Thessaloniki and Pella excavations – wow!

Thanks to Explorator for this link to The Mail On Sunday

As David Meadows says, this has photos galore, so I just give the link and the opening:

It would be more than 100 years at least until Alexander the Great
led the forces of Macedonia to conquer the Hellenistic world.

But, even in its early days, the Greek kingdom’s warriors were already an imposing sight on the battlefield.

dig in an ancient burial ground in Alexander’s birthplace of Pella,
northern Greece, has unearthed the graves of 20 warriors in battle
dress, a find which archaeologists say sheds fresh light on the
development of Macedonian culture.

Read the rest and see the pics

Virtual Herculaneum – BBC report

From BBC News

See the video

A look around Italy’s museum where hi-tech has replaced the exhibits

Technology is often employed to bring exhibitions to life, but as
David Reid found out, one museum has gone one step further by using it
to replace all its displays.

The Virtual Museum of Archaeology (or MAV), which opened this
summer, is based on the ancient Roman town of Herculaneum and is sited
100 metres from the ruins of the former settlement.

The creators of MAV aim to digitally reconstruct the destroyed town and recreate what life there was like.

Animation of old Herculaneum

MAV museum used modern tech to Herculaneum to life

The town was destroyed in 79 AD when the eruption of Mount Vesuvius
encased it in scalding ash, killing those trying to flee, and
preserving under 25m of debris some of the finest examples of private
Roman villas.

“It is incredible coming to Herculaneum in the dark because
your imagination fills in the gaps. Now a local museum is using digital
technology to do just that,” said Walter Ferrara, the MAV’s head

Although MAV is near the actual site of Herculaneum it attempts to show it how it was not how it is now.

“You can see only stones and some buildings,” said Mr Ferrara.
“You cannot see them how they were… these reconstructions you can see
here are immersive and have a lot of appeal.”

The Romans are a well-suited subject for a digital museum, as
they were great proponents of the pixel, and were technologically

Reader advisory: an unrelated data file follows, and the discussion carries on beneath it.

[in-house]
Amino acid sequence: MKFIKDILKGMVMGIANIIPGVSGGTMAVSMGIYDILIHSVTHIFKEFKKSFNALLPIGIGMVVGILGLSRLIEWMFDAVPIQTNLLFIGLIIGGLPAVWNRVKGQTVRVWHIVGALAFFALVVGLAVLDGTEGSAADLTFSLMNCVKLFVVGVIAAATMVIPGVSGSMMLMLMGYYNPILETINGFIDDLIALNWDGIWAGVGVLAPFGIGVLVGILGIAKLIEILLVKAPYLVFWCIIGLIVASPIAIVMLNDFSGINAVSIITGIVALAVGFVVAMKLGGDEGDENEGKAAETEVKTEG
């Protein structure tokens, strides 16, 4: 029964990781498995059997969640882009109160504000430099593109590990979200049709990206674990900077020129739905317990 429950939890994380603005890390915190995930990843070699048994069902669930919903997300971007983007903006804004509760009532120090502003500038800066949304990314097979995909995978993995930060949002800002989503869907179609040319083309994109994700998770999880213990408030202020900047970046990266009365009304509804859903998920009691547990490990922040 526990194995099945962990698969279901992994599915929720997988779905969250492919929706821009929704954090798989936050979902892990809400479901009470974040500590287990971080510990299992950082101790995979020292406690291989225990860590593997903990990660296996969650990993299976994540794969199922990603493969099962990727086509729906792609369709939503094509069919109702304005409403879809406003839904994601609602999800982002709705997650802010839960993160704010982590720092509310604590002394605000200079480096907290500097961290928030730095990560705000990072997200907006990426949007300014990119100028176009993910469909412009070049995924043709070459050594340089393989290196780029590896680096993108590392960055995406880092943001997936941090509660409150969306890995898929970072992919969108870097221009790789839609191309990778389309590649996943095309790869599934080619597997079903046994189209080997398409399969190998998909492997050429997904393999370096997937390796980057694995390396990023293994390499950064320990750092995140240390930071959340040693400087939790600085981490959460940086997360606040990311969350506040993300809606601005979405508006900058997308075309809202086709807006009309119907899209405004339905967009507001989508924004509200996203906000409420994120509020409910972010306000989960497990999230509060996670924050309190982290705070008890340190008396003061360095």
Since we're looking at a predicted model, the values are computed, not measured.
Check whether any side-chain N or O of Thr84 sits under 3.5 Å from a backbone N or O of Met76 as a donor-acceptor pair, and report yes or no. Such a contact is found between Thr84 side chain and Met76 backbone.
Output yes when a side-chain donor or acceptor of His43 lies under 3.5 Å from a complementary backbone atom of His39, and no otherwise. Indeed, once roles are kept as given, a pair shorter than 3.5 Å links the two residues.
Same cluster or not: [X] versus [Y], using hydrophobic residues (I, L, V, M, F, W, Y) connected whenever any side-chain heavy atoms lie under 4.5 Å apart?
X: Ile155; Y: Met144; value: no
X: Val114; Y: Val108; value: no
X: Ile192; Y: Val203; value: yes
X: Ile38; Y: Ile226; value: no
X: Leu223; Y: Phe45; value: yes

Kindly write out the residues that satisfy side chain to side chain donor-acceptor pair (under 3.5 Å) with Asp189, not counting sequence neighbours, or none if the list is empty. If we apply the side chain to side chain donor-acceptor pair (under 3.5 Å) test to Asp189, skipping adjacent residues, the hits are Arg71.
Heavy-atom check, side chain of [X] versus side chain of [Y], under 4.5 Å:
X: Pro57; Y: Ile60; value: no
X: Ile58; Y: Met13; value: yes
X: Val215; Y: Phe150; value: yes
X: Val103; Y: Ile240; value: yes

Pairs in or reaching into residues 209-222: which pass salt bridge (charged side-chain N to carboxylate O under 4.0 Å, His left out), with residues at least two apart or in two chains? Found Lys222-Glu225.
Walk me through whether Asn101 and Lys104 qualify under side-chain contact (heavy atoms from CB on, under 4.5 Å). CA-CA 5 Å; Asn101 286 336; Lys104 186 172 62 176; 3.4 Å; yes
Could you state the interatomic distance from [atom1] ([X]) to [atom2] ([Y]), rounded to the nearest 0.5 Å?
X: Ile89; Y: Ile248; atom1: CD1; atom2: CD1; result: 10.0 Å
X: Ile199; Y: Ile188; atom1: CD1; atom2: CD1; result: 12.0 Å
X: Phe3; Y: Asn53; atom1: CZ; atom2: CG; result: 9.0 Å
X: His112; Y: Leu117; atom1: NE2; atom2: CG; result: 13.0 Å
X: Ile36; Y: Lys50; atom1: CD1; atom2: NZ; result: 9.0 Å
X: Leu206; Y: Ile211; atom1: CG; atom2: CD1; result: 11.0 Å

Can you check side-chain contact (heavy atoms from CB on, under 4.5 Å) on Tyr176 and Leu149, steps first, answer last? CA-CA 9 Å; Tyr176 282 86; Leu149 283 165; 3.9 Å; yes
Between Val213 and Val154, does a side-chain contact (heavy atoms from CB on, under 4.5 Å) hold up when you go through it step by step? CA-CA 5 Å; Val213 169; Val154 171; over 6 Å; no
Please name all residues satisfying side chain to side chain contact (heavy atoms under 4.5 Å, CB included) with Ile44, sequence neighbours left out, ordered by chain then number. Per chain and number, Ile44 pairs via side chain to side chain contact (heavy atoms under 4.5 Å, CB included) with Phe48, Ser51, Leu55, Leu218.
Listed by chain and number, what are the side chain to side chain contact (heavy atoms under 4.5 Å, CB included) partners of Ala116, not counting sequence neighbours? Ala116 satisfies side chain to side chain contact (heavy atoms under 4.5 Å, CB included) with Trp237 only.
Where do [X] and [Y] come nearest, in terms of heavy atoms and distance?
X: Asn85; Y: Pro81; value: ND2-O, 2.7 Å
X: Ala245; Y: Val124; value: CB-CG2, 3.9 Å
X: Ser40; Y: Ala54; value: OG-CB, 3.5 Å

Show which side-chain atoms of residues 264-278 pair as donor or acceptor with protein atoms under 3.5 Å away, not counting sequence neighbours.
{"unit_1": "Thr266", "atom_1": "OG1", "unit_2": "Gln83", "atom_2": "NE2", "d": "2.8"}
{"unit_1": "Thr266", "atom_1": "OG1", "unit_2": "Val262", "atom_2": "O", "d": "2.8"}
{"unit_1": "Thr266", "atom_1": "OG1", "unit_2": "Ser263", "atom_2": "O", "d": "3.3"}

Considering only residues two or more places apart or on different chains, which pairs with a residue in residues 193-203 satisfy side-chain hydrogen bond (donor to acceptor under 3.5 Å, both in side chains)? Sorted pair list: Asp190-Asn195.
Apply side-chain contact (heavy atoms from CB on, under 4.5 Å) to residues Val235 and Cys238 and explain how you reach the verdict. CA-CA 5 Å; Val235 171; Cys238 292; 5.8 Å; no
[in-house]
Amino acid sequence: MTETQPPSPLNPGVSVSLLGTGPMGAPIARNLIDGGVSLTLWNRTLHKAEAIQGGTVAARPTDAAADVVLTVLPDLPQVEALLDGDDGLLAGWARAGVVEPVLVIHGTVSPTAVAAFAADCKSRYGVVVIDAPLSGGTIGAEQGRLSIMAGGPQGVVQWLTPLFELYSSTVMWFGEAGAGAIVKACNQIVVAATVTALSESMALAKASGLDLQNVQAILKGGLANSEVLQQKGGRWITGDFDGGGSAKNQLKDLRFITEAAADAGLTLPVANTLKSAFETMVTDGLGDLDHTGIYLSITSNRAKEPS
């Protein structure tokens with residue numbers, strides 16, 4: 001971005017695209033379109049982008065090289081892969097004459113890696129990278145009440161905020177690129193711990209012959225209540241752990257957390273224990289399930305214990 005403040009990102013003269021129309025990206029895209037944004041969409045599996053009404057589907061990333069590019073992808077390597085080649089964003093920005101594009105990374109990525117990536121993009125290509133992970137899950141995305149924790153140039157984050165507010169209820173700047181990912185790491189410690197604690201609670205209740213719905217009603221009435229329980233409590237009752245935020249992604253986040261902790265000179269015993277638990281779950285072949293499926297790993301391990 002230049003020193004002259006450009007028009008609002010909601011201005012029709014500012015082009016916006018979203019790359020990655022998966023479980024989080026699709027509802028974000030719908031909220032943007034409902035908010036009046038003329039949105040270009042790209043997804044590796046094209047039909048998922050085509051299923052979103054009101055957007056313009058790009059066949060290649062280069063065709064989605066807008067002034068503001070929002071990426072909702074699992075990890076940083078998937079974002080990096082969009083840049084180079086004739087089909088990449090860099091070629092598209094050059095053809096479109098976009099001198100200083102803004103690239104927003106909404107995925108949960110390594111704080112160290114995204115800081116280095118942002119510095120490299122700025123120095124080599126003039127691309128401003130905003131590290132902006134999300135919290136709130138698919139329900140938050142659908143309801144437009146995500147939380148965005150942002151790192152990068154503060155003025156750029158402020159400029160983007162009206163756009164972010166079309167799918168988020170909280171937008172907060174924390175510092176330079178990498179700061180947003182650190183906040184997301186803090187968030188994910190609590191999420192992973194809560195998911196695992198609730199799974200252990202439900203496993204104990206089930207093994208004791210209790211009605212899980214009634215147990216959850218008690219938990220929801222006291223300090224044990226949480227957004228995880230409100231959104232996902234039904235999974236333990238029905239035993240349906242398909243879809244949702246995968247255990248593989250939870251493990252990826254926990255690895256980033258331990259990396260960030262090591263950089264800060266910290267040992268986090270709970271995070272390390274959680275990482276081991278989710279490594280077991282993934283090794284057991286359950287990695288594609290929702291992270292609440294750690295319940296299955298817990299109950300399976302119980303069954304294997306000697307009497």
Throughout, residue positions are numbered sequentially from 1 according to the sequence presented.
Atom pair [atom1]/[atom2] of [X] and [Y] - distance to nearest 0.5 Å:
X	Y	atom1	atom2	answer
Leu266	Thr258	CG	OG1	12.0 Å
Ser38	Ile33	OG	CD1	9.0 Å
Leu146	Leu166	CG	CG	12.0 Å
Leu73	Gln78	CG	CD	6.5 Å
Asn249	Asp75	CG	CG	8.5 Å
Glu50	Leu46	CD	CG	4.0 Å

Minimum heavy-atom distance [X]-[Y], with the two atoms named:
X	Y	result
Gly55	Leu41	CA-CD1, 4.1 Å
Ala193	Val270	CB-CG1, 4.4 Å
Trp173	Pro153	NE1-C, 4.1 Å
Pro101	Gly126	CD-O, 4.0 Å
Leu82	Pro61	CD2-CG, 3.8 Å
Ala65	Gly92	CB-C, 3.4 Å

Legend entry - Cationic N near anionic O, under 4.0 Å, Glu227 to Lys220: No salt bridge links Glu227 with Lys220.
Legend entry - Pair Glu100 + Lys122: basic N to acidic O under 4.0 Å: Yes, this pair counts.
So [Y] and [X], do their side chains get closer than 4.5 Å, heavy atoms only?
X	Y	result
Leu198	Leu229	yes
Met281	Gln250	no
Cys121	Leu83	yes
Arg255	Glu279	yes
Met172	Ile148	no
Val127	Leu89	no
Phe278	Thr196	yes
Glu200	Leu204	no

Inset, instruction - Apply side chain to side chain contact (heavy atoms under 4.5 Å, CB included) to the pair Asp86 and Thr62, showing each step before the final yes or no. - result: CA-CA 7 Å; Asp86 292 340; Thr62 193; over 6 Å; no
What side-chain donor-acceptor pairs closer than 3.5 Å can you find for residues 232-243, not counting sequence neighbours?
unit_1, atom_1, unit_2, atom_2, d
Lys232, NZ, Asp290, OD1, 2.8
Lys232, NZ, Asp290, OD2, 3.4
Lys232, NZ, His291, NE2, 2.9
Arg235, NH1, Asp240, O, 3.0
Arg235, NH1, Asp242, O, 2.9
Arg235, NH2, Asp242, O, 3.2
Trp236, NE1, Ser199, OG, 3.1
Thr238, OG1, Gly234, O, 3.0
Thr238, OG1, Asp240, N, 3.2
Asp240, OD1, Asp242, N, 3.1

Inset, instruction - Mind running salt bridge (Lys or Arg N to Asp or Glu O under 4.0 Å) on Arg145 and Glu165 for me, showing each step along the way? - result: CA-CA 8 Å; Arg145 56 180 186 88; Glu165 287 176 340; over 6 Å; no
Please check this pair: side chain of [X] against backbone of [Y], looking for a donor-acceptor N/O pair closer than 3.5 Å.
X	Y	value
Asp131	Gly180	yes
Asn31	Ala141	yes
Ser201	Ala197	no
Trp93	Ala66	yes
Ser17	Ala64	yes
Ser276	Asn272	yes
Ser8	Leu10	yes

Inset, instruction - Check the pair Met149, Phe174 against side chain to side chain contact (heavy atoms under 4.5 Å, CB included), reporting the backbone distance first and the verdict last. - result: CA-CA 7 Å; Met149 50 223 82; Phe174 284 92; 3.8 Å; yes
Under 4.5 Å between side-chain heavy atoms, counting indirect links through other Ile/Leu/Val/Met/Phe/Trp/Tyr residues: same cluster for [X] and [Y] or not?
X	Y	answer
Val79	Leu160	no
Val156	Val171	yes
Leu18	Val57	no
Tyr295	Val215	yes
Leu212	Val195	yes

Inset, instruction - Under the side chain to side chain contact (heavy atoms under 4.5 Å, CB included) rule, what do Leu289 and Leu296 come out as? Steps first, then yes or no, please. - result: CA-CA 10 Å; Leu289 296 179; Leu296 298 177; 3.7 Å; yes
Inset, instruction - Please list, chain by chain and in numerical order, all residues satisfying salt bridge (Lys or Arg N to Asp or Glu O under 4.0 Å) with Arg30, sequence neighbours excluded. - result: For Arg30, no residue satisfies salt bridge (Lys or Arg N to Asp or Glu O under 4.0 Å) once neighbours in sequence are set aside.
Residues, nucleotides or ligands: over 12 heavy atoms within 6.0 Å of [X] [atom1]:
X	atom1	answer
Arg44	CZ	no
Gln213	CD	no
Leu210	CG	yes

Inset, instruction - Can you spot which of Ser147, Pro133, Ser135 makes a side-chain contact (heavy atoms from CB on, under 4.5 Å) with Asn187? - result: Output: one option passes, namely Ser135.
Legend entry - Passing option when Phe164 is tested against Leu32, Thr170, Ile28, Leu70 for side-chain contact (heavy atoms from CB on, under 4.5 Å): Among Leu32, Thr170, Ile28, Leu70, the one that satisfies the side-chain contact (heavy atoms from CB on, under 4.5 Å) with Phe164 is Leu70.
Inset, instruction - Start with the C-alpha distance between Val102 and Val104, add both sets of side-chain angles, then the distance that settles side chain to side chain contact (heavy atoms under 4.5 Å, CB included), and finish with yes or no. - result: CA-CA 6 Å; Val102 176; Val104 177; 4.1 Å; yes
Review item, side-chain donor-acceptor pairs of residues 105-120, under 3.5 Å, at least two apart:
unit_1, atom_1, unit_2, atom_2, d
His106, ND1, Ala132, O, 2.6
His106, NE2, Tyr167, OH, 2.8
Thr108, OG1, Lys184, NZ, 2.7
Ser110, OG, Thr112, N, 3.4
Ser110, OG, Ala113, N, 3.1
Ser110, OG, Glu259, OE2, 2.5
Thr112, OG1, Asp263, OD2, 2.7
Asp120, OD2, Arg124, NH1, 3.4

Walter Ferrara, the head curator at MAV

The museum’s head curator says its animations have much appeal

However, the developers have been careful not to let the museum’s message become too eclipsed by 21st century technology.

Gaetano Capasso, concept developer for MAV, says: “Technology has to prompt curiosity, but remain discrete.”

The MAV is unique among archaeological museums in exhibiting no ancient artefacts such as Roman busts or original murals.

There are also no alarms, no security guards and no signs saying
“Do Not Touch”. But it prides itself in being unapologetically

While Vesuvius has gone back to sleep, the main threat to
Herculaneum now that much of it has been excavated, could be from
visitors plodding around the ruins.

Museum visitor

A museum visitor tries one of the museum’s many interactive screens

If these visitors can be persuaded to go to the virtual museum
rather than trek around around the ruins then it might go some way
towards preserving those crumbling stones.

“This is also the best way to make these towns live in the
future, because otherwise I think they will be destroyed again and not
by Vesuvius, but by people,” says archaeologist Caterina Cozzalino.

With a shrinking government budget to protect a rich cultural
heritage, this virtual museum could become a model to preserve Italy’s
fragile archaeological sites in the future.

Caroline Lawrence reports on the BM Roman Day

Flavia’s Blog

You will enjoy reading the author of the Roman Mysteries series on her time at the BM yesterday.

Petition to save Medieval Latin at Heidelberg

There’s a petition here to save the Medieval and Modern Latin department in Heidelberg University.